Syria: President Assad’s grip on Damascus suggests David Cameron’s ‘coup’ is little more than fantasy

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The Prime Minister has appealed to regime forces to rise up against their President. But this is not Libya


The government of President Bashar al-Assad is tightening its control of Damascus, encircling and bombarding the remaining rebel strongholds in or near the city. There was only the sound of a few distant explosions today that appear to come from the south where the Syrian army is seeking to drive rebels from around the golden-domed Shia shrine of Sayida Zeinab 10 miles from the centre of Damascus.

The capital is quieter than it was six months when the sound of artillery constantly reverberated from the mountains nearby. There are fewer mortar rounds being fired into the city centre from rebel-held districts. The airport road, which had been closed by snipers, is open; so too is the long road north to Homs, Syria’s third largest city, and from there to the Mediterranean coast.

“People are very tired after two years fighting,” said one local observer who did not want to give his name. “Many are feeling very poor because they have lost their jobs and prices are very high. But they don’t think there is any peace without Assad. They are looking to see what will come out of a Geneva peace conference.” He said that the rebels had been discredited in the eyes of some of their former supporters as a result of the widely watched film of a rebel commander eating the heart of dead government soldier and of a 14-year-old boy in Aleppo shot in the face for allegedly profaning the name of the Prophet.

David Cameron’s pledge at the G8 on Tuesday to maintain Syria’s security services, military forces and state institutions while insisting that President Assad leave power appears to be wholly at odds with the reality on the ground. Assad’s forces have a tight grip on 13 out of 14 provincial capitals and increasingly hold the main roads between them. The one provincial capital captured by the rebels, Raqqah on the Euphrates in the east of the country, is held by Islamic fundamentalists who have no intention of maintaining Syria’s security services or military forces which they regard with fear and hatred.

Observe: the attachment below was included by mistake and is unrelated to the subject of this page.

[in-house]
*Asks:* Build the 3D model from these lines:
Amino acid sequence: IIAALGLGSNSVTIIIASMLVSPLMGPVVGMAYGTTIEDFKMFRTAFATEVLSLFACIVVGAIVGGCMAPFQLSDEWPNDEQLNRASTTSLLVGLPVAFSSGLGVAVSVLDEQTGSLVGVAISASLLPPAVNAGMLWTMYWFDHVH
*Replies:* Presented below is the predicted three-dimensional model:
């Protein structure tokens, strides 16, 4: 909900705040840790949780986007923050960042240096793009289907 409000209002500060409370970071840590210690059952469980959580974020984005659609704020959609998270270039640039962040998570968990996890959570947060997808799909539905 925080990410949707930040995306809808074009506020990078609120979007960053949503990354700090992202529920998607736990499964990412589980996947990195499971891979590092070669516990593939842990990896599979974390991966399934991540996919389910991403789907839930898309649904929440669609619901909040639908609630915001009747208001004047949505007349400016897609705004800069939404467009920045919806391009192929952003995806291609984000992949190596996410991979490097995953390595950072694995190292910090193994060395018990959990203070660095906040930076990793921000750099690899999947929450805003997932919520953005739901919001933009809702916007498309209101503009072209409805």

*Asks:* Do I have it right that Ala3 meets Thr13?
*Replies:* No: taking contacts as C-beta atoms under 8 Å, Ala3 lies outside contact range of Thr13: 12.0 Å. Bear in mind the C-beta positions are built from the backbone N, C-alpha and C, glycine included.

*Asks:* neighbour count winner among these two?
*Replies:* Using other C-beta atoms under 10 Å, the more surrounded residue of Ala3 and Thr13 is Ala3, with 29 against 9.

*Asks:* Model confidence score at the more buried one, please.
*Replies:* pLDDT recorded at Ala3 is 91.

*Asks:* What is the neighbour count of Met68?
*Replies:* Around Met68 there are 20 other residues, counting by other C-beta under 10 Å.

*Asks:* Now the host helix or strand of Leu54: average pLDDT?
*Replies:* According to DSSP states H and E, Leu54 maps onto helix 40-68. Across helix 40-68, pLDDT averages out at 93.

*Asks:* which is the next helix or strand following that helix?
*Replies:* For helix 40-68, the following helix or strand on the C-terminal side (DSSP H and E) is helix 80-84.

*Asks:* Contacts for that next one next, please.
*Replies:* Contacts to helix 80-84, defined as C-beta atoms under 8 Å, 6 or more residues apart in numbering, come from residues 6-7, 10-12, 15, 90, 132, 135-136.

Mr Cameron’s message was interpreted by some as an appeal to the leadership of the Syrian security forces to mount a coup, safe in the knowledge that they would hold their jobs under any new government.

But an important feature of the Syrian civil war is that the core of the regime has not split, unlike Egypt, Tunisia, Libya and Yemen in 2011. Assad’s fortunes are also buoyed up by the fact that he is no longer seen as an inevitable loser in the civil war inside and outside Syria.

But recent government successes such as the capture of Qusayr outside Homs do not mean that the Syrian army is going to roll up and militarily defeat the opposition which still holds large parts of the country. The rebels have been advancing near Deraa in the south, aided by foreign backers in Jordan. Predictions of a massive government offensive to drive the rebels from Aleppo may be premature, the fruit of government over-confidence and rebel hopes of frightening its allies outside the country into giving them more weapons and money to avert a supposed rebel collapse.

In any case, the government’s tactics around Damascus appear to be to encircle and isolate hardcore rebel areas like Douma, Harasta and Zamalka but not to storm them and become involved in street fighting which would lead to heavy losses among their troops.

Mr Cameron explained that the West should not repeat in Syria its mistakes in Iraq where, he claimed, existing institutions were dissolved creating a vacuum and leading to chaos. This is something of a misunderstanding of what happened in Iraq in 2003. It is true that the US helped drive the Sunni Arabs into revolt by dissolving the Iraqi army and security forces, but the Shia and Kurds, together with 80 per cent of the Iraqi population, were determined to break the Sunni Arab grip on the institutions of the state. This revolutionary change was probably unstoppable, contrary to what Mr Cameron believes.

Damascus is very different from Baghdad 10 years ago.  Although streets clear by eight in the evening there is almost 24 hours-a-day supply of electricity. People often walk to work because checkpoints and road closures create lengthy traffic jams. While food like tomatoes are expensive cheap bread is available to most people, from state bakeries. In the capital, at least, Syria is a long way from an Iraqi-type collapse.

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